Econintersect (Updated May 5): According to a report by the Boston Consulting Group (BCG), manufacturing is on the increase within the the U.S. The study concludes that the U.S. will surpass China in manufacturing production of goods sold in North America over the next four years. The U.S. lost the world lead in manufacturing that it had held for most of the twentieth century during the weak recovery from The Great Recession. According to data from IHS Global Insight, quoted by the Financial Times, China had 19.8% of world manufacturing output with the U.S. second at 19.4% in 2010.While the resurgence of U.S. maufacturing will be helpful to the U.S. economy, it is not likely that the U.S. will retake the world manufacturing lead from China. The growth of domestic markets in China as well as in the rest of populous Asia will create a burgeoning demand for Chinese goods.
From the Financial Times:
A key factor in the U.S. manufacturing resurgence comes from labor productivity, which is more than 3x that of China. With the wages in China growing at a much higher rate than in the U.S. the productivity advantage is drawing domestic production back home, especially for the “more sophisticated” producrs mentioned in the FT article.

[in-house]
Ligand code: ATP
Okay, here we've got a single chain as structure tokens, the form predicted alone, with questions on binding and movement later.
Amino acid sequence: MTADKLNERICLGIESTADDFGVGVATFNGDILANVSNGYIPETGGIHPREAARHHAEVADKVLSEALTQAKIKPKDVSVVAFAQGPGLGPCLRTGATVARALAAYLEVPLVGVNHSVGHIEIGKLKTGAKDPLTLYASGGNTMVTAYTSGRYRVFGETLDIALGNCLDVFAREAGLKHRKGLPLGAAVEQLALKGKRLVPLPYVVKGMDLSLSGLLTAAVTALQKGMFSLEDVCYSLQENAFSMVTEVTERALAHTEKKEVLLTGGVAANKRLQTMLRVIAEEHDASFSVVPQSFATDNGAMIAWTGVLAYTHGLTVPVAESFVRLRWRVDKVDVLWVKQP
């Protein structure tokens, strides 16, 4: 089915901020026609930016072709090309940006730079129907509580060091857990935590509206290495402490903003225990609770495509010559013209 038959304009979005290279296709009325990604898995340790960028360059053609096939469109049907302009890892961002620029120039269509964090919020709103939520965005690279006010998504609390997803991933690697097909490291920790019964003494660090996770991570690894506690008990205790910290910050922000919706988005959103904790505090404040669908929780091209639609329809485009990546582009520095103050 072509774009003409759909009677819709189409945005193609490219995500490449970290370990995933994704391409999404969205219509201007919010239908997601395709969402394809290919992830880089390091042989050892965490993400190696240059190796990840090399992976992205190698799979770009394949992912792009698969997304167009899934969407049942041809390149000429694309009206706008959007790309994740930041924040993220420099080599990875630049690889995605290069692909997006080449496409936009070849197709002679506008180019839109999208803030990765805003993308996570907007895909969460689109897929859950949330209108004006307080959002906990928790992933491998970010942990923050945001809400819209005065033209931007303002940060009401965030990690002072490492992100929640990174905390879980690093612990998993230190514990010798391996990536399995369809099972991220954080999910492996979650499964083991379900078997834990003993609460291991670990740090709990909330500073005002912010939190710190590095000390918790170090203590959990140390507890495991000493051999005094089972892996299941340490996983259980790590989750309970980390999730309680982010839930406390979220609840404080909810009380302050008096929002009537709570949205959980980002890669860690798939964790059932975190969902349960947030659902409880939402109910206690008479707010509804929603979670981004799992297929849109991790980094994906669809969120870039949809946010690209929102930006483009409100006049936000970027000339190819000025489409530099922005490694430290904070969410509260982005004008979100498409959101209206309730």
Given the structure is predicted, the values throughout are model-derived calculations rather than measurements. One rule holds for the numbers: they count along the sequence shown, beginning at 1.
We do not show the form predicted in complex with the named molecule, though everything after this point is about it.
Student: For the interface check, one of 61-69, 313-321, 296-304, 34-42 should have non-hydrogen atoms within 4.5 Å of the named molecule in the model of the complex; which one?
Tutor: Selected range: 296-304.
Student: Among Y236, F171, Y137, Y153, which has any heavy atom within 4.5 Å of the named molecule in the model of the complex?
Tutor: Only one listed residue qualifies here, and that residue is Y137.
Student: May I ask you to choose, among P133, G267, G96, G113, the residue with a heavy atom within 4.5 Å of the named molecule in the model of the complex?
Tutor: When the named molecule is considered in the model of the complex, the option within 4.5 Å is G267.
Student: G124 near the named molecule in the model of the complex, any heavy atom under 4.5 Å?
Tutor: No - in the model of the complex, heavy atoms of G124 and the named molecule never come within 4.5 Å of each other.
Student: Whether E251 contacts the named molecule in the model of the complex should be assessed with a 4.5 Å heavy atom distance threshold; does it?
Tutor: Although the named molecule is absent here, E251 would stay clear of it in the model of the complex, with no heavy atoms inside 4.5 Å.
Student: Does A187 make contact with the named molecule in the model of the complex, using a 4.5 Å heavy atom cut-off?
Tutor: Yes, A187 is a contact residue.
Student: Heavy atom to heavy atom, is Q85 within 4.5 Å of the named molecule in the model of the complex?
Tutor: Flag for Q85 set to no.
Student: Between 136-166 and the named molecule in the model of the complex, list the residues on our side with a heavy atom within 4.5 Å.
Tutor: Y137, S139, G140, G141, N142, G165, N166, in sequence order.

Among the U.S. corporations mentioned by the FT which have announced plans for major investments in new U.S. manufacturing are Caterpillar, General Electric and Ford. In the first quarter of 2011 manufacturing production in the U.S. rose by 9.1% (annual rate), making it the fastest growing segment in the U.S. economy.
On May 5, as discussed at GEI Analysis by Steven Hansen, The BLS (Bureau of Labor Statistics) reported an unexpected drop in labor productivity growth. Productivity is a key component of the projections for manufacturing reported in this news brief. If the U.S. can not maintain or expand its wide productivity advantage vs. China the the projections quoted are likely to be modified to the detriment of U.S. manufacturing.